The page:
Instead, it:
  • gives a bad example of how to handle strong emotions
  • may lead children to hit or bully others
  • may encourage children to lie, or hide feelings, to avoid smacking
  • it can make defiant behaviour worse, so discipline gets even harder
  • leads to a resentful and angry child, damaging family relationships if it goes on for a long time.

Tuesday, August 23, 2011

'Slugger' Lines gets tough on the causes of crime at home

Predictably, Cllr John Lines is eager to throw his weight around to demonstrate his right wing disciplinarian attitudes.
"We have 65,000 council houses and hundreds of these looters will be going before the courts, so I am quite positive that many of these criminals will be council tenants. I have thousands of decent law-abiding families queuing up for council houses and will waste no time getting rid of these scum of the Earth."
As we know, when it comes to violence and anti-social behaviour, Cllr Lines is something of an expert

While I have no time for tenants who make their neighbours' lives a misery or those who consistently disrupt their neighbourhoods, I'm concerned that eviction isn't used excessively to punish families for the offences of a junior member - I'd ask if that is likely to build broad faith in the system or perhaps set up further problems down the line as a result of disillusionment now. Some of those policies that may make the right wing disciplinarians feel all powerful may have unforeseen consequences ahead as they cause further disconnection between people and the community - exclusion is rarely the answer. The alternative, support and intervention, is far more challenging, but potentially far more effective. 

Saturday, August 13, 2011

The next big issue

I've noted before that the Tory party has historically been perceived as the party of law and order - capturing that ground was key to Labour's victory in 1997 and when we left office, crime was falling and we had more police officers than at any point in our history. Although Thatcher was no friend of the public sector, she ensured that the police were properly paid and reasonably resourced. Politically, law and order is always a top line subject - consistently towards the top of people's concerns - and is, after all, at the heart of what the state should prioritise, the protection of its citizens. The police are also a service that is consistently trusted by the public, far more than politicians or the media.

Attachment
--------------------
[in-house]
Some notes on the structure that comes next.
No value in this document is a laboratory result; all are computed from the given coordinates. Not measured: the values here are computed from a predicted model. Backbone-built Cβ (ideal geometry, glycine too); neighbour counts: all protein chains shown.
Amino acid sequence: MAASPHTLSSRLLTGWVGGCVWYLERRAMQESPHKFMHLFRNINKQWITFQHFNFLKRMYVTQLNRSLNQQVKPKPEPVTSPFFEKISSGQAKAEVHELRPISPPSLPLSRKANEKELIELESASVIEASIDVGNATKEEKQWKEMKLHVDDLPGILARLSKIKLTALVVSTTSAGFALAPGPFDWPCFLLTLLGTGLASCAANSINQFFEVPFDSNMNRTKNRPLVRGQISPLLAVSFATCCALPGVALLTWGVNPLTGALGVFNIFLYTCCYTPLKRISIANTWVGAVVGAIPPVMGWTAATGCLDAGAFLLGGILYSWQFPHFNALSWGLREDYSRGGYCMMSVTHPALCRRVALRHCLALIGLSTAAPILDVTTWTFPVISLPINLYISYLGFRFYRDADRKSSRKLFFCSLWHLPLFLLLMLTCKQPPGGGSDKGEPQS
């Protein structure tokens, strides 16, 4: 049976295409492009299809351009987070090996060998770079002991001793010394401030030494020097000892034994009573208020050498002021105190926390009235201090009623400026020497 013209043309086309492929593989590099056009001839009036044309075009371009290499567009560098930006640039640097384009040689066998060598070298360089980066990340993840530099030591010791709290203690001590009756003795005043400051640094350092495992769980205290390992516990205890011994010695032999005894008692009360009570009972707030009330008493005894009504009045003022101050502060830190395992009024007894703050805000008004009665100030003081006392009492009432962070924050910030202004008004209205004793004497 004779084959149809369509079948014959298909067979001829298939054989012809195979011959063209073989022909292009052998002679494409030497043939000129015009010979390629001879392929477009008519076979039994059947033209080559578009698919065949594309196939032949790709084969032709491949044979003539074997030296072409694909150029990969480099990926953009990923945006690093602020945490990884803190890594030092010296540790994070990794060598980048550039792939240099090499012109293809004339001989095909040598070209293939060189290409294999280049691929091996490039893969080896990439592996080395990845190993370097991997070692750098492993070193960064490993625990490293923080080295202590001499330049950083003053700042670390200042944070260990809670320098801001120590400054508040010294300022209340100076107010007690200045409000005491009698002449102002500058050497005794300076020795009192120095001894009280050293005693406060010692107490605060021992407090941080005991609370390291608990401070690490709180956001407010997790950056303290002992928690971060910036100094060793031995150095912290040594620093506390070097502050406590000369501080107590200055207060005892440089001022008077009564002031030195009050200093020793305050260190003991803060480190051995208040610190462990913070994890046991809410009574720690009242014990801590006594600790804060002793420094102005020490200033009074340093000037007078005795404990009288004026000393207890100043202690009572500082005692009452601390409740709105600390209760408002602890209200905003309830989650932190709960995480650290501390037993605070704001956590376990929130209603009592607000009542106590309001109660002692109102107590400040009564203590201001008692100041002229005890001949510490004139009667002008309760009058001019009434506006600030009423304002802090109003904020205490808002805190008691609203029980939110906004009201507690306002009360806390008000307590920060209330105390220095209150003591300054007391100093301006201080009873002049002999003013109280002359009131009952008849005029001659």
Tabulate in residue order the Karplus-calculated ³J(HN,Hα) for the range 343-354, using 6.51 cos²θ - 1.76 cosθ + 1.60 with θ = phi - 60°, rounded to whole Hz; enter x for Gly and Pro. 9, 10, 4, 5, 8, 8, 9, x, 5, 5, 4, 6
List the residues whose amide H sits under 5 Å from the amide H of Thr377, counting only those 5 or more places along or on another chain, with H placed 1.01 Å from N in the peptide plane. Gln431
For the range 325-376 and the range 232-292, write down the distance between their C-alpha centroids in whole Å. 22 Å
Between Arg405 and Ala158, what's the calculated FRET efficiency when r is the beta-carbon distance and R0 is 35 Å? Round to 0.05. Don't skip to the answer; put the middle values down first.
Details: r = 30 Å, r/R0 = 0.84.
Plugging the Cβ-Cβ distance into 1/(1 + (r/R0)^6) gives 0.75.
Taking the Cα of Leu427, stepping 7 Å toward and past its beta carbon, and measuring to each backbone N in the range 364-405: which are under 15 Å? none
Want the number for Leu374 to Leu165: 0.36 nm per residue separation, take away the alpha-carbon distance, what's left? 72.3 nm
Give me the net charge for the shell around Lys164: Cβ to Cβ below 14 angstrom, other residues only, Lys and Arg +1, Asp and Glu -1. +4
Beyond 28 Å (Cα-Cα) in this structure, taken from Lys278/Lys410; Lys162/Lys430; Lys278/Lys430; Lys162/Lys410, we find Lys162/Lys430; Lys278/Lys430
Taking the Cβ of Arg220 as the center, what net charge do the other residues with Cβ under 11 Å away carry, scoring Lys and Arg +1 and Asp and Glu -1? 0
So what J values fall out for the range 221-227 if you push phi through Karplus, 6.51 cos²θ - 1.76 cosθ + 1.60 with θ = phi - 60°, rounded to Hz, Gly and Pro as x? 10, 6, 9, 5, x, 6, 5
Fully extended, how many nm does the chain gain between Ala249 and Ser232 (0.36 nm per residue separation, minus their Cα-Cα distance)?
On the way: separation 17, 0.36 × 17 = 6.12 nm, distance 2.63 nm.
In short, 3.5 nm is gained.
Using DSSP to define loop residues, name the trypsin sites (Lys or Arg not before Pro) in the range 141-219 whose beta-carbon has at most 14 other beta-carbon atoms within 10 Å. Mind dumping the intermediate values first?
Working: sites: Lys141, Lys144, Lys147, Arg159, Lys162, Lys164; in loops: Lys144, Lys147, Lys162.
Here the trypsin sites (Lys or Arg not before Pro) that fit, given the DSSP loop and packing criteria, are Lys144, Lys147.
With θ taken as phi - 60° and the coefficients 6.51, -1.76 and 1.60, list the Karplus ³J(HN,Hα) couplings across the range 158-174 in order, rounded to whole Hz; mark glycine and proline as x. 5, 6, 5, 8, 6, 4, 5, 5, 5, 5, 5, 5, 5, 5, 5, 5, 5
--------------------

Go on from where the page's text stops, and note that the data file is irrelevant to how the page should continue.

All of that makes the current government's attitude to the police all the more surprising. Previously, it has seemed to be labelled in the same way as the rest of the public sector and ripe for 'reform' or 'cutting' as it is better known. The result has been predictable and the government seems to have lost the confidence of the dressing room, with the police staff associations lining up to express dissatisfaction and concern.

16,000 sworn officers are to be released through recruitment freezes and forced retirements. To put that into context, that is the same as firing every officer in the West Midlands, Warwickshire, West Mercia and Staffordshire. To add to that, there are a further 16,000 civilian police posts to be removed and we can expect many of those roles to be filled by officers, taking still more away from frontline policing. No sane person can expect this to leave the quality of policing untouched - although the Home Secretary maintains that it will. 16,000 is also the number of officers from across the country deployed to London to quell the looting that has scarred the capital. Indeed, despite the assurances from the Home Secretary and Nick Clegg, more than half of the British public believe that the police are already under-resourced, despite the best efforts of the chief constables. As Hugh Orde puts it
Chief constables have minimised the impact on the frontline. We will have to have some very honest, straightforward conversations with government in years three and four. We have to understand what sort of service we want and what we want it to do, and not do
That does not sound like a service looking forward to working with tightened budgets, although it should be said that they felt able to work with Labour's planned 12% cuts, but not with the 20% promised by the government.

The scrapping of the world-leading Forensic Science Service has also been criticised as ham-fisted and rushed, as it has forced police services into unexpected and truncated tendering processes with various private providers in what is an experiment in the almost total privatisation of a vital function of our justice system - other countries keep that firmly in public hands. The service may not have been a money spinner, but then the legal system is supposed to administer justice, not turn a profit.